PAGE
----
The HeadScratcher Post Archive
August  2011
Critical Listening
       August 2011 The Headscratcher Post Headscratchers LLC    Edition 73

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3 Reasons why Critical Listening is important

An important aspect of Critical Thinking is Listening. Listening is important for several reasons: To ensure that people are clear about a situation, to understand the thinking of others, and to incorporate that thinking into your solutions. Here is why these are so important:

Ensure that people are clear about a situation. We can't say enough about this. Clarity of a situation is the most important step in Critical Thinking. If the situation, goal or problem is not clear, then the solution or action will most likely miss the mark, resulting in re-do's, budget overruns, missed schedules, or poor quality. The first step in our Critical Thinking framework is Clarity. Listening to others describe a situation, repeating back what has been said, and talking about and listening to the interpretations, is the only way to ensure that Clarity exists.

Understand the Thinking of others. Listen carefully to the description people use to explain how they came up with an idea, or how they figured out what to do, or what their concerns are. If you listen, you'll hear them talk about their experiences, their assumptions, and other components that led them to a conclusion and subsequent decision. Listening will help you understand how others are evaluating information, and the weight they may be applying to this information. If you want to influence the thinking of others, if you want to get others to consider other ideas or possibilities, you need to understand how they are thinking in the first place.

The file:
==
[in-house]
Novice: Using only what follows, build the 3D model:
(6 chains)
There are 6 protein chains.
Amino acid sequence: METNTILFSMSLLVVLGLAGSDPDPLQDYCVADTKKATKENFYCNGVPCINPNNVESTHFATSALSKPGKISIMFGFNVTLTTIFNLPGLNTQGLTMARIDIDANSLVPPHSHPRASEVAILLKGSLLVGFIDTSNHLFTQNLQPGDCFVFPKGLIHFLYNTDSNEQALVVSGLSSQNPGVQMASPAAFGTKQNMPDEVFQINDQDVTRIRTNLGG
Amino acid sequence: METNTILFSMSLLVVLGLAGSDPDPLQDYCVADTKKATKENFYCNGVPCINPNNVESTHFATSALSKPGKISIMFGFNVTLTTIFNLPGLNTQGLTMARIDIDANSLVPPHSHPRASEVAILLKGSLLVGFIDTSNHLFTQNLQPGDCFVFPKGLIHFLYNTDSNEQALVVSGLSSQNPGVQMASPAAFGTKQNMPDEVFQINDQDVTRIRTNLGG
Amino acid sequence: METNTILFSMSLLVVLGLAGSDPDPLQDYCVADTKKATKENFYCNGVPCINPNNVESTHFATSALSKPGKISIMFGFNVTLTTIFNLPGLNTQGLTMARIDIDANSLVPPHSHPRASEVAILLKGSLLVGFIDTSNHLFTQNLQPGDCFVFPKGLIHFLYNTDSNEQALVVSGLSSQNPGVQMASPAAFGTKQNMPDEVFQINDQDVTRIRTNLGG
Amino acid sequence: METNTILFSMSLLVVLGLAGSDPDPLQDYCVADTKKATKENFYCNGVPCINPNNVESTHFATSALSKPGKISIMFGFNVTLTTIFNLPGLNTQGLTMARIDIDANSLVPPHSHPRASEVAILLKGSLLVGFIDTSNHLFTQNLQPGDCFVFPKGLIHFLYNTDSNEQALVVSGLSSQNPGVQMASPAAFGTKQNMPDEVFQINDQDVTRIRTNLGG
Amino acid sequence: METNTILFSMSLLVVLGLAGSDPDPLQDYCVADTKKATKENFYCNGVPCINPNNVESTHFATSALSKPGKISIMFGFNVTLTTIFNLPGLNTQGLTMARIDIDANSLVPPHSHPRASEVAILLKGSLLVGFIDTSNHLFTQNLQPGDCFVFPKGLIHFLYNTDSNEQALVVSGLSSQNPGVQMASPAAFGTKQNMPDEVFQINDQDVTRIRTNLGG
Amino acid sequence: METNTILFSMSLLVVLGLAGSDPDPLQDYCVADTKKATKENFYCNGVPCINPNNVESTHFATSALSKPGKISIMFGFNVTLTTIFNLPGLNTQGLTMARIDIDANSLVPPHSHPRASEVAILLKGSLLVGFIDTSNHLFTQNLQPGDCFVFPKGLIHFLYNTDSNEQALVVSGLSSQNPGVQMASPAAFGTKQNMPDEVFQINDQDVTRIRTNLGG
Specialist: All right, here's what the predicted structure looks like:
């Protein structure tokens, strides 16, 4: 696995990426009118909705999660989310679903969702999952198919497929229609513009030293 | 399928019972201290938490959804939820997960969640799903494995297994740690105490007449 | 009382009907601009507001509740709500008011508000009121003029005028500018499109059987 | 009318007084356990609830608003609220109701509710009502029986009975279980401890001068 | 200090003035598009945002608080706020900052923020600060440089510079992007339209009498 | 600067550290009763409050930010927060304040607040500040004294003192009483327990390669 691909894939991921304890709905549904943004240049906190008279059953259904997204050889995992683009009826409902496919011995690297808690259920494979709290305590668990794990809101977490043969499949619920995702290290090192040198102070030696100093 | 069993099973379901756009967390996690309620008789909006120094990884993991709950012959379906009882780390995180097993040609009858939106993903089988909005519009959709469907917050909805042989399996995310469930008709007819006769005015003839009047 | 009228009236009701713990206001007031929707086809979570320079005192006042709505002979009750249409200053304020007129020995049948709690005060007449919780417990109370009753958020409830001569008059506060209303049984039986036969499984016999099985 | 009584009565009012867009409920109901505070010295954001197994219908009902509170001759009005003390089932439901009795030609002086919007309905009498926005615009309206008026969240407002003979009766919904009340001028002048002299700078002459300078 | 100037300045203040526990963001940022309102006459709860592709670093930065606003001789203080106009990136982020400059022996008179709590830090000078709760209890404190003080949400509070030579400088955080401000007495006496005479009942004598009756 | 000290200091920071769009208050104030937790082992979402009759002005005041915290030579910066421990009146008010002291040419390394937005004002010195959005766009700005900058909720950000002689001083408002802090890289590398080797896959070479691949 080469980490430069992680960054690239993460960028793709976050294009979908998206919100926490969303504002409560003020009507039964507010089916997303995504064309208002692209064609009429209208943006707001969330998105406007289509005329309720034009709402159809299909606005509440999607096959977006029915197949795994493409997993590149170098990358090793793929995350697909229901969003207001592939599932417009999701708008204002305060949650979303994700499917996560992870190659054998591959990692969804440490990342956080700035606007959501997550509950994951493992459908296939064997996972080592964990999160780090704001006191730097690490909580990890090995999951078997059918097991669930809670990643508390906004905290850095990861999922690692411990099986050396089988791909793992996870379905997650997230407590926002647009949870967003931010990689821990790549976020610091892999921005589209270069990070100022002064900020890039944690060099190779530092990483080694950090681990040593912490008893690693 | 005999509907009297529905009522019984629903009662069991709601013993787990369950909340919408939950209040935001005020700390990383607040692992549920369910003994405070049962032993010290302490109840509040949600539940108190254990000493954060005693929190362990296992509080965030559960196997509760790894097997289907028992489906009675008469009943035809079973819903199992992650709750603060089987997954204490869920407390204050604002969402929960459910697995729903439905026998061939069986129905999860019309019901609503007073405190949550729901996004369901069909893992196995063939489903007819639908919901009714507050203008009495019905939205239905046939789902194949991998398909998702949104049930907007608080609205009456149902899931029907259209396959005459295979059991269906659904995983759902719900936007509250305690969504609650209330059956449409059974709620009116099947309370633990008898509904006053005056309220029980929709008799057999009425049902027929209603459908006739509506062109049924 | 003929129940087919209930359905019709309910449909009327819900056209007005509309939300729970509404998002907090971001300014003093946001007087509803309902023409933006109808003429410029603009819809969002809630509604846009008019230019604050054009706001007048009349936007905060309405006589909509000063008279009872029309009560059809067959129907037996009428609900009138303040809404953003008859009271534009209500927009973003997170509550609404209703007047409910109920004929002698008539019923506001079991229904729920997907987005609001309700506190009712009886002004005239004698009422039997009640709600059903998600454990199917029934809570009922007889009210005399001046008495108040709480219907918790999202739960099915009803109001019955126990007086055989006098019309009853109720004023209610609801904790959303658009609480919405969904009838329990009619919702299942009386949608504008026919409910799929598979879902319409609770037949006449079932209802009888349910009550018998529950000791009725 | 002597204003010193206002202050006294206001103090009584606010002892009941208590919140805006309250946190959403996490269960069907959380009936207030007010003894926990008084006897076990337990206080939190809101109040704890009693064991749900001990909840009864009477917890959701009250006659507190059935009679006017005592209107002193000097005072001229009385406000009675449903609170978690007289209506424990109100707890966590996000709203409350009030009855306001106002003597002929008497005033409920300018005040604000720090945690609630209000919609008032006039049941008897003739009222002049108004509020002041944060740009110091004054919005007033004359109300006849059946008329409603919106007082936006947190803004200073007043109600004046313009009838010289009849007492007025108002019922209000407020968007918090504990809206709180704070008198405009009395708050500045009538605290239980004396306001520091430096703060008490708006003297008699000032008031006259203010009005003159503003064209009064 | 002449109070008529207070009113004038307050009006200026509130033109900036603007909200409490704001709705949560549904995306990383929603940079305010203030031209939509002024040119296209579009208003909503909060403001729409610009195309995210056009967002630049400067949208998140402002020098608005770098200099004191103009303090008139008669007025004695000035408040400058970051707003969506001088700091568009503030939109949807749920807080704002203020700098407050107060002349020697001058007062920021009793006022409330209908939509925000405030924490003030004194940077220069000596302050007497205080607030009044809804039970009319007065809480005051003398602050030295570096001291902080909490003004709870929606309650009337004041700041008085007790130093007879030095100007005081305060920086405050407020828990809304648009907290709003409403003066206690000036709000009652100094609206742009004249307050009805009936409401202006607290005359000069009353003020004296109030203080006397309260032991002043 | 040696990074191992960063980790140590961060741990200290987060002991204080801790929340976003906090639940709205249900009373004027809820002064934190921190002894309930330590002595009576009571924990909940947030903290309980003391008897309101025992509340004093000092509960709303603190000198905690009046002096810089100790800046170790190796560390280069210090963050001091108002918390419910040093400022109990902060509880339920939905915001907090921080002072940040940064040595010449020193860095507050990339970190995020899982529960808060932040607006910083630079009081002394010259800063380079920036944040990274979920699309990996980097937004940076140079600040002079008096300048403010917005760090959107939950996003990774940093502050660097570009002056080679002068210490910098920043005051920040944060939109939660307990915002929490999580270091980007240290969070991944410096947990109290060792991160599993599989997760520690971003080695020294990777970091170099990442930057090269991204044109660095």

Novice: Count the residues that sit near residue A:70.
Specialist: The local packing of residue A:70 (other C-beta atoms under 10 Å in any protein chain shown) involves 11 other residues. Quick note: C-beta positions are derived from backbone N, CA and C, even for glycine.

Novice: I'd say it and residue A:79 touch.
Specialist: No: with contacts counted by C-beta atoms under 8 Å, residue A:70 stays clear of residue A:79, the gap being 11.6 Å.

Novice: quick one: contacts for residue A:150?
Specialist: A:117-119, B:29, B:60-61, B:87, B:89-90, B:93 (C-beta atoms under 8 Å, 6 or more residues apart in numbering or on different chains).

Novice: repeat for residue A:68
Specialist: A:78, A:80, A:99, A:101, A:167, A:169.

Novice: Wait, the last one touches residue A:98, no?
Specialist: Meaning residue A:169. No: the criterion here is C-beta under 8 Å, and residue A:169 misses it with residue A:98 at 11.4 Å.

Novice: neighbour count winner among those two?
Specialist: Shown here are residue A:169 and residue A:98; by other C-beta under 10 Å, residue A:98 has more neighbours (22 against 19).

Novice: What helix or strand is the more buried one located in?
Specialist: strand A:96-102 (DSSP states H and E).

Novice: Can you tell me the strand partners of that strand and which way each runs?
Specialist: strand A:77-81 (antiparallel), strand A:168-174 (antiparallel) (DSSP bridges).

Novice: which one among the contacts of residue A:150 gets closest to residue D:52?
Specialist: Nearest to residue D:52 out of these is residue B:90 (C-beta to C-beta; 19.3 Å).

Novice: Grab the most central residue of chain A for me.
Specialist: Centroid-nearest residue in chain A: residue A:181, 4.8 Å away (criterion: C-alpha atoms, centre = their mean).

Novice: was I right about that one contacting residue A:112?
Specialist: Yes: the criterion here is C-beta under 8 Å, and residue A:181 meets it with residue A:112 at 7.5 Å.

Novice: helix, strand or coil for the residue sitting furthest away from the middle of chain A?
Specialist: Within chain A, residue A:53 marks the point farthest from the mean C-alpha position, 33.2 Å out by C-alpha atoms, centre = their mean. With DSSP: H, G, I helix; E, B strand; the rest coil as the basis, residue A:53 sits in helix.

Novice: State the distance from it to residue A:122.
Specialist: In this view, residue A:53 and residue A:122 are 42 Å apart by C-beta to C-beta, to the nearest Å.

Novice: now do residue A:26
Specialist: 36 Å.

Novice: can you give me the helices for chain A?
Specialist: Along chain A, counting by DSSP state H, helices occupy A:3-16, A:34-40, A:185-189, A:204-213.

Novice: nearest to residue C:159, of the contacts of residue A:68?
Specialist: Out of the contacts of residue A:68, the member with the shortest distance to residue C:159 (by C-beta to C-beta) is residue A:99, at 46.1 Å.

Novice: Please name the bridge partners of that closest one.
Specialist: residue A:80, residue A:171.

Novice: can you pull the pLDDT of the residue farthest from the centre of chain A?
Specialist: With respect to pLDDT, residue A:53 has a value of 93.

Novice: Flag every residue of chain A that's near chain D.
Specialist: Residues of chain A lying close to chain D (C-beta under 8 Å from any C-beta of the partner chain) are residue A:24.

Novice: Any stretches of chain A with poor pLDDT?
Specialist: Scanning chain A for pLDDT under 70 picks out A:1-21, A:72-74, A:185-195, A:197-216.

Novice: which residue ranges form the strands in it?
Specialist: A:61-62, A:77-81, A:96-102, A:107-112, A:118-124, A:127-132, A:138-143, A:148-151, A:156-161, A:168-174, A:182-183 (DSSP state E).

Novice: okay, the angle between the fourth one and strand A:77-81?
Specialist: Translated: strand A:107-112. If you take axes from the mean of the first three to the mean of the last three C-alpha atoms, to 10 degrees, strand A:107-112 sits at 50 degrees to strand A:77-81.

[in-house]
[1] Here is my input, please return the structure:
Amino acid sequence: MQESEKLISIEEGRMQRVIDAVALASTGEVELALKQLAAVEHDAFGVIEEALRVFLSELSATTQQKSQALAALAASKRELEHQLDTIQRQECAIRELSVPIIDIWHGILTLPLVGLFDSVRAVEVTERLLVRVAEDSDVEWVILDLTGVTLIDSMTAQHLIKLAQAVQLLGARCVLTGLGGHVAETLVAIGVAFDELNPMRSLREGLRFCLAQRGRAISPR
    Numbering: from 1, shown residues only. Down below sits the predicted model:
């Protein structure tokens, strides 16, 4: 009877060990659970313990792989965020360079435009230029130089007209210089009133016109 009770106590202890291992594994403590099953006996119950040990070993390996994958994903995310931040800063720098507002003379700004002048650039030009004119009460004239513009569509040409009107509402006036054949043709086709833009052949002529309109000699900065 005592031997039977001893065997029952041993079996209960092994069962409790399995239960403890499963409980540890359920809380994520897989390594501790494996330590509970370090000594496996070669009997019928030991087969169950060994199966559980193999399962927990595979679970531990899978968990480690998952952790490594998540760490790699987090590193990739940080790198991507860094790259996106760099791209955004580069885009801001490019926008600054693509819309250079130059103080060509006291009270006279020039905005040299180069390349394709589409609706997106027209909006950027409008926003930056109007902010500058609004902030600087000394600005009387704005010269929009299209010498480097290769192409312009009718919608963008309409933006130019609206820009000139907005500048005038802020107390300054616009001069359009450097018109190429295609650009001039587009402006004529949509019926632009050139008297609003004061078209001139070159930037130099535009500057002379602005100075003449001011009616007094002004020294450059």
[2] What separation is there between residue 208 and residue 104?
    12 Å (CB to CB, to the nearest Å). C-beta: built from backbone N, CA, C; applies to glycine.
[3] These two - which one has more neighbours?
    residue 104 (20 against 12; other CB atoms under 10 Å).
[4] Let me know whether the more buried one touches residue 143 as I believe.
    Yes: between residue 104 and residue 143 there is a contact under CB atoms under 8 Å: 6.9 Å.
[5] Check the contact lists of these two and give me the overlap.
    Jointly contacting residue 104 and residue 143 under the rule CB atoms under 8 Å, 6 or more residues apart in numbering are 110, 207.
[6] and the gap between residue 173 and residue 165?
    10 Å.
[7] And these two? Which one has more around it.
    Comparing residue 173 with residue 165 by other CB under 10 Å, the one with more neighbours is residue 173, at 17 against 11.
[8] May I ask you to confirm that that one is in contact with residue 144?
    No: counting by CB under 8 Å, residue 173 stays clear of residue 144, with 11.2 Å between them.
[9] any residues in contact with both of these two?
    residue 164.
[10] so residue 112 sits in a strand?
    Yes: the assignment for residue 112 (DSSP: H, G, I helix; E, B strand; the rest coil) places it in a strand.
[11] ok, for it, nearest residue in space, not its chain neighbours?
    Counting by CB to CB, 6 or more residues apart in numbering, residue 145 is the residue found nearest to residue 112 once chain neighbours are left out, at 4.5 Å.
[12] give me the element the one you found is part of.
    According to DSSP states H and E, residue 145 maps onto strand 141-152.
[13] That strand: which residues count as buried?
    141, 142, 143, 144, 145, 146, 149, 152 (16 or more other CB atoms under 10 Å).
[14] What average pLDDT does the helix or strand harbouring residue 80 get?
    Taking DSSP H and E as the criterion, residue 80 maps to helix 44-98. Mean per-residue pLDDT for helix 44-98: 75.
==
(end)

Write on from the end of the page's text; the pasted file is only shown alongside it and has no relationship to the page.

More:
Incorporate the thinking of others in your thinking. By ensuring that people (and yourself) are clear, and by understanding the thinking of others, you will be ready to incorporate that thinking into your thinking. Here's an example: Let's say you are responsible for coming up with a solution to increase production by 10%; or to decrease costs by 5%; or to find out why a defect in a particular product has occurred; or how to increase sales by 17%. Consider this: Is it your responsibility to come up with the actual idea that accomplishes this, or is it your responsibility to ensure that a solution is found? Will your manager care if you invented the idea, or you listened to others and incorporated their thinking and solved the problem? When you're thinking about a problem, goal, or issue, you'll have certain ideas about it, perhaps some experience and assumptions. If you listen to others, you will hear other experiences, and other assumptions. You will hear other interpretations of the issue. MAYBE these are more appropriate to the situation? Maybe their assumptions are more applicable than yours? Maybe it will be you who will be influenced by their ideas.

The Takeaway: You cannot think critically without critical listening. Even if you are working on something by yourself ... listen to yourself by asking: Are you really clear? Are your assumptions valid? Of course, most of our thinking is with others. Listen to them to get Clear, to Understand how they arrived at their conclusions, and to incorporate their thinking into your thinking and solutions.

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